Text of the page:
Gill joined the Cherry Bombs after recording three albums as lead vocalist for Pure Prairie League. To the chagrin of his friends, his exit from Pure Prairie League occurred after the band scored the 1980 pop hit, “Let Me Love You Tonight.”
“I remember the day I gave notice and said I was going to go play with Rodney,” Gill recalls. “Everybody said, ’What are you, nuts? You’re the frontman of this big rock band and blah, blah, blah.’ I said, ’Listen to his songs. Listen to him sing. I love that. Look at the people in that band. You can’t get any better than that.’ It’s not the attention you get that ever drove me, it’s who I get to surround myself with.
“I have a lot of reverence — and always have — for this band of musicians, even back in the day when I first started playing with Rodney in the late ’70s and early ’80s. When I stepped onstage and played music with these guys, I mean, it just doesn’t get any better than this. You can’t find a better drummer than Larrie. I thought, ’You’ve really got to be on your toes here, or you’re going to be left in the dust.'”
Crowell and Gill can’t seem to agree on when they actually first played music together, but Crowell vividly remembers one show in Orange County, Calif. He tells Gill, “You came out there and were playing guitar and just went off to the edge of the stage. That’s when I said, ’That guy’s a keeper.’ He’s out there on the edge of the stage like a madman, and I was thinking, ’Cool. I didn’t even know he knew the song.”
Even the greatest musicians don’t necessarily mesh to create a great band. Asked to describe attributes that are probably truly indescribable, Gill says, “I think personalities have a lot to do with it. I think our personalities all mesh in a pretty rare way to get that many people together who genuinely love one another.” Noting that the entire band produced the new album, Crowell says, “When you get some really talented people together, though, there has to be somebody who knows how to hold the talent together and create constructively. Everybody in this band knows how to do that. Everybody.”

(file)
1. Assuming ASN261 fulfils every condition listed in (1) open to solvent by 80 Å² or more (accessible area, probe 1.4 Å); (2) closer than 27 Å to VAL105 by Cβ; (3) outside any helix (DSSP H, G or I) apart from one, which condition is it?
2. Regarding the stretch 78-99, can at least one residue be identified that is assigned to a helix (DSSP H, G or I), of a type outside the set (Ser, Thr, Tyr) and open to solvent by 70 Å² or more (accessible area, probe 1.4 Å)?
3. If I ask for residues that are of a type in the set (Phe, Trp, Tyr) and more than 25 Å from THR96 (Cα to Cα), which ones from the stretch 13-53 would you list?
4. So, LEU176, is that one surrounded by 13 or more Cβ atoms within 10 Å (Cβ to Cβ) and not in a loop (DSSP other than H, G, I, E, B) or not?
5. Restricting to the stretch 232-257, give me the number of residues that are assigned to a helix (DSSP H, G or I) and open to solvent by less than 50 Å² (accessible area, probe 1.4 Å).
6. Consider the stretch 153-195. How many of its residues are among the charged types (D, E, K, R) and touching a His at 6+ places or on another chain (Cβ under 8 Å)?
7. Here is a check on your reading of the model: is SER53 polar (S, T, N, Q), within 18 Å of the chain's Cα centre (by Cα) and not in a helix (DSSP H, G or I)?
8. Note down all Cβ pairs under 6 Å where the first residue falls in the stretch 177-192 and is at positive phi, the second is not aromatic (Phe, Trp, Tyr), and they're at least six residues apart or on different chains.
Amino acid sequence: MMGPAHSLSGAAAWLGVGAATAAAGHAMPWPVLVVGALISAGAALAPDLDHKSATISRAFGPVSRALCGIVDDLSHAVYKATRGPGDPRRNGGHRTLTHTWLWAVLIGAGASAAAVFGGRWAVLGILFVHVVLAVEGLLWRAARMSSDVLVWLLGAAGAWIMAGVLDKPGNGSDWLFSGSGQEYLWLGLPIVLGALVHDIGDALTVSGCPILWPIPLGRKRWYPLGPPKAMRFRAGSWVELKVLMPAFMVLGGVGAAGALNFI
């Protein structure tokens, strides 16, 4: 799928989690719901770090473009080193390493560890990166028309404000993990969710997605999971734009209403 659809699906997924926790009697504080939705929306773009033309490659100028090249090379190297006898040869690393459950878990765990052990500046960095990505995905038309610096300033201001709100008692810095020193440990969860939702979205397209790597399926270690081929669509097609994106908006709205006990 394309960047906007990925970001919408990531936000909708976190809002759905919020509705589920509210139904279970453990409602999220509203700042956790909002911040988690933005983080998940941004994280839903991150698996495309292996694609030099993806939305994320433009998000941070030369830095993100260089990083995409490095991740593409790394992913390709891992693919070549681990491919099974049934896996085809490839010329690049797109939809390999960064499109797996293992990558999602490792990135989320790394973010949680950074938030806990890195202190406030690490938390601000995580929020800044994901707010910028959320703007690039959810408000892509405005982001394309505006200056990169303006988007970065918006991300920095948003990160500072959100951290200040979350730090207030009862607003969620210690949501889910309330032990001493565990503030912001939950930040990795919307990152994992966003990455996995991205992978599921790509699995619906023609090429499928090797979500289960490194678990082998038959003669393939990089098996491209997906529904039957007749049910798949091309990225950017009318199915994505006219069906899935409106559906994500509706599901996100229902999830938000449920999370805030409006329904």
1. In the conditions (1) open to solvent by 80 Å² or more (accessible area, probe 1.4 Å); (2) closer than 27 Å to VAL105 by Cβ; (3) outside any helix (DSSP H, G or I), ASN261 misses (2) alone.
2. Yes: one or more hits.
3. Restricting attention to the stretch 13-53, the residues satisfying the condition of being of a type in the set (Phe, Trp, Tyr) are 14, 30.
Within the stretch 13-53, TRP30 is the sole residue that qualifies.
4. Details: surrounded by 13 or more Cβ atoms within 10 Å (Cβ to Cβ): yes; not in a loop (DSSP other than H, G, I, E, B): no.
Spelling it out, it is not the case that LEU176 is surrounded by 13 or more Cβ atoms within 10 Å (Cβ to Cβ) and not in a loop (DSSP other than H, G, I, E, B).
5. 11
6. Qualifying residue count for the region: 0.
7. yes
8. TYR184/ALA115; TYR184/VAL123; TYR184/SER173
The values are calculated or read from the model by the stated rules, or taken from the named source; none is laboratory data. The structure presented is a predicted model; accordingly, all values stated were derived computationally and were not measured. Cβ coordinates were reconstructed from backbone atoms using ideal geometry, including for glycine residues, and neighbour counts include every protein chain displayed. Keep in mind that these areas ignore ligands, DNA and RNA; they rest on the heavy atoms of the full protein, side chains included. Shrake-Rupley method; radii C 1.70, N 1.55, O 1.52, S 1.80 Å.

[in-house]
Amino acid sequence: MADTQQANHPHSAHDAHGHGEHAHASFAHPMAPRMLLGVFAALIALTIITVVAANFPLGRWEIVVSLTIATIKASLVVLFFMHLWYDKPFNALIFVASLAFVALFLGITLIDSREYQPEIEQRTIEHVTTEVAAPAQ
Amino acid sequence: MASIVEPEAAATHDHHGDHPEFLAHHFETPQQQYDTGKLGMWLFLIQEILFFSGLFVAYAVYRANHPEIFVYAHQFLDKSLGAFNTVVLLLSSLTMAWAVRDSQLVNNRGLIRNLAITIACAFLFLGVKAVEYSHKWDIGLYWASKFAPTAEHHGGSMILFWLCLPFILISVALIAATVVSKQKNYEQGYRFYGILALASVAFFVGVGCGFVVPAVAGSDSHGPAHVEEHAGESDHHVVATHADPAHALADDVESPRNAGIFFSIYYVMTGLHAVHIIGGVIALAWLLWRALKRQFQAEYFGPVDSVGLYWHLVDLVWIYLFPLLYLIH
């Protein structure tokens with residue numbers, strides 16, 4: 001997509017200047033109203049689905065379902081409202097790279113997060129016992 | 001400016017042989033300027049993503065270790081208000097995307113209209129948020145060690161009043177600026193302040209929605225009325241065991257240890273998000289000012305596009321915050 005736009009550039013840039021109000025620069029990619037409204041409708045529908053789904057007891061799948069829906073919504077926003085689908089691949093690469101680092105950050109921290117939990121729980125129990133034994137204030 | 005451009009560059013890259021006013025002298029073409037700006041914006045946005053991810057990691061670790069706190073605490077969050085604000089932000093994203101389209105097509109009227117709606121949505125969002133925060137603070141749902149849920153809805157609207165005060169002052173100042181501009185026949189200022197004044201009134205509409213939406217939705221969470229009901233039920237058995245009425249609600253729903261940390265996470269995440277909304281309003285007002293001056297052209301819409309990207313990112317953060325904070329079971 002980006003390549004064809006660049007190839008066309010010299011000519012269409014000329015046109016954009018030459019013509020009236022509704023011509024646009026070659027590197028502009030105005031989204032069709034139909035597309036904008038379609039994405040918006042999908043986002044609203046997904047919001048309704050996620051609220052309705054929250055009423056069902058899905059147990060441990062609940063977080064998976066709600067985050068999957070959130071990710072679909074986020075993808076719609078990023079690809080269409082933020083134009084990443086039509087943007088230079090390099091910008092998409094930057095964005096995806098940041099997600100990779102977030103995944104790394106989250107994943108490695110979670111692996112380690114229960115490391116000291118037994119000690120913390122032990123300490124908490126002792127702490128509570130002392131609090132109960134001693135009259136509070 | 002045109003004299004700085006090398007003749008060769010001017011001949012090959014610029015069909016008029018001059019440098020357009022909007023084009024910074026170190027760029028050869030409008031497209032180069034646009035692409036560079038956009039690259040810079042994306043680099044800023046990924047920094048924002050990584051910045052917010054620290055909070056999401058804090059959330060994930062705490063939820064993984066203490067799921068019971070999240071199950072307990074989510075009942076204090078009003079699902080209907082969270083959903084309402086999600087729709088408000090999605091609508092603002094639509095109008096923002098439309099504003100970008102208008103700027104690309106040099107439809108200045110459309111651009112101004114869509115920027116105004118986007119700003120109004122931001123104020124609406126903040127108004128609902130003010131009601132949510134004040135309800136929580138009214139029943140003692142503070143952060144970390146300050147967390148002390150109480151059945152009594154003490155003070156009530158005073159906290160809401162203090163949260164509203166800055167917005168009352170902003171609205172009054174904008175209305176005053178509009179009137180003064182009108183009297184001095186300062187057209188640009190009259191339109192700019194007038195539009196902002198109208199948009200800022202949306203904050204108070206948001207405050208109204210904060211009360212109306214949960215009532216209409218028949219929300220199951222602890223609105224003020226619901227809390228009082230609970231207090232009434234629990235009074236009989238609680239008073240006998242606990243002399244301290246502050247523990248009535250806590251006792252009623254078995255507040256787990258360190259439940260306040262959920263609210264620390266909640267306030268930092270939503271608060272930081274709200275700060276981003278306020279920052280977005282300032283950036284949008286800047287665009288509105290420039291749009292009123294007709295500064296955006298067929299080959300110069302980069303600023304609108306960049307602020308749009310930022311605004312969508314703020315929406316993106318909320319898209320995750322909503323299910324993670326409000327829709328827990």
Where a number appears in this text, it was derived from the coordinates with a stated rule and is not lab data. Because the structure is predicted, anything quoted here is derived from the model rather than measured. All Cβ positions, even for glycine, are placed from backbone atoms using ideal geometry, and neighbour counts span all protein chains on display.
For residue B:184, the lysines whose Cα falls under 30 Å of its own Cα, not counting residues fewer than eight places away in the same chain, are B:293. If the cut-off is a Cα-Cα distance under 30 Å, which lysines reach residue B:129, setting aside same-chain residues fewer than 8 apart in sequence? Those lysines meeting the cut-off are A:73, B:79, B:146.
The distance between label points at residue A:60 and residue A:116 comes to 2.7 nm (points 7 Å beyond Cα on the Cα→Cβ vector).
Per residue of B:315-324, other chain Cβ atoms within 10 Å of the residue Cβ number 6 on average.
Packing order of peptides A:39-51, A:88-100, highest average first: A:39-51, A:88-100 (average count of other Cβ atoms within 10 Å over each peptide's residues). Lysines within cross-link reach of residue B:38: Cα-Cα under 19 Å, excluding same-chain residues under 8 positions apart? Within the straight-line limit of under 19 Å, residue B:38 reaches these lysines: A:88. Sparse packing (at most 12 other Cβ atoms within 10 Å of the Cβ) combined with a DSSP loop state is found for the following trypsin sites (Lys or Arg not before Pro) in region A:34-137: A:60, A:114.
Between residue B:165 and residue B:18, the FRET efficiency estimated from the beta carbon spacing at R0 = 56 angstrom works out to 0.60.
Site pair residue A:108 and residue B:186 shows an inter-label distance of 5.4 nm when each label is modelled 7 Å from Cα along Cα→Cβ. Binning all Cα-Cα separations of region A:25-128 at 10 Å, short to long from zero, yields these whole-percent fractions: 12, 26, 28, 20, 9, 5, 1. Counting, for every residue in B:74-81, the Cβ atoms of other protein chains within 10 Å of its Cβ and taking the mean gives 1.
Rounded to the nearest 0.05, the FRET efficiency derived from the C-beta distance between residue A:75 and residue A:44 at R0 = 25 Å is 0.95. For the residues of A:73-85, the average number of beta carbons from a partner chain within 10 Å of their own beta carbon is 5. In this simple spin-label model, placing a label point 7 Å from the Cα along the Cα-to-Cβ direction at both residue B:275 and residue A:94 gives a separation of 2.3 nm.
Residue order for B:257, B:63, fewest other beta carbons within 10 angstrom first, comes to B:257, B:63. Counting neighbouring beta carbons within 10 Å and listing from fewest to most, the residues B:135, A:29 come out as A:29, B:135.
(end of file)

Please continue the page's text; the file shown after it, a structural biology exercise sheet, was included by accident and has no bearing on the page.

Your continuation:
Although the Cherry Bombs were originally his band, Crowell is quick to point out that the group dynamics have evolved.
“This was never about the lineage, although I understand the interest in it,” he says. “It was a name I came up with. It was a band I had. It was mine. Then it became something different. Vince has become a more of a key collaborator in a front stage role than he was before. Time has brought it to a more focused place than it was.”
After years of pursuing individual projects, members of the band reunited briefly in 2002 for a performance at an industry event during the week of the CMA Awards in Nashville. “It was the first time Vince and I had played together in 15 years, at least,” Crowell says. “We came offstage saying, ’That sounded good.'” Gill laughs, “It inspired us to want to make a record.”
The performance was also one of Brown’s first public appearances — much less musical performances — during his recovery from a life-threatening head injury he sustained earlier in the year when he fell down a set of stairs in Los Angeles.
Brown’s accident played some role in the reunion, although Gill says, “We had planned to do it even before his accident. All it did was make it wait for a while until he got better.” When asked if they found themselves looking inward following Brown’s brush with death, Gill replies, “Sure, I think, for a lot of us because we lost Larrie 11 years ago, 12 years ago. We almost lost another one. I think it made everybody go, ’Life really is quite precious.'”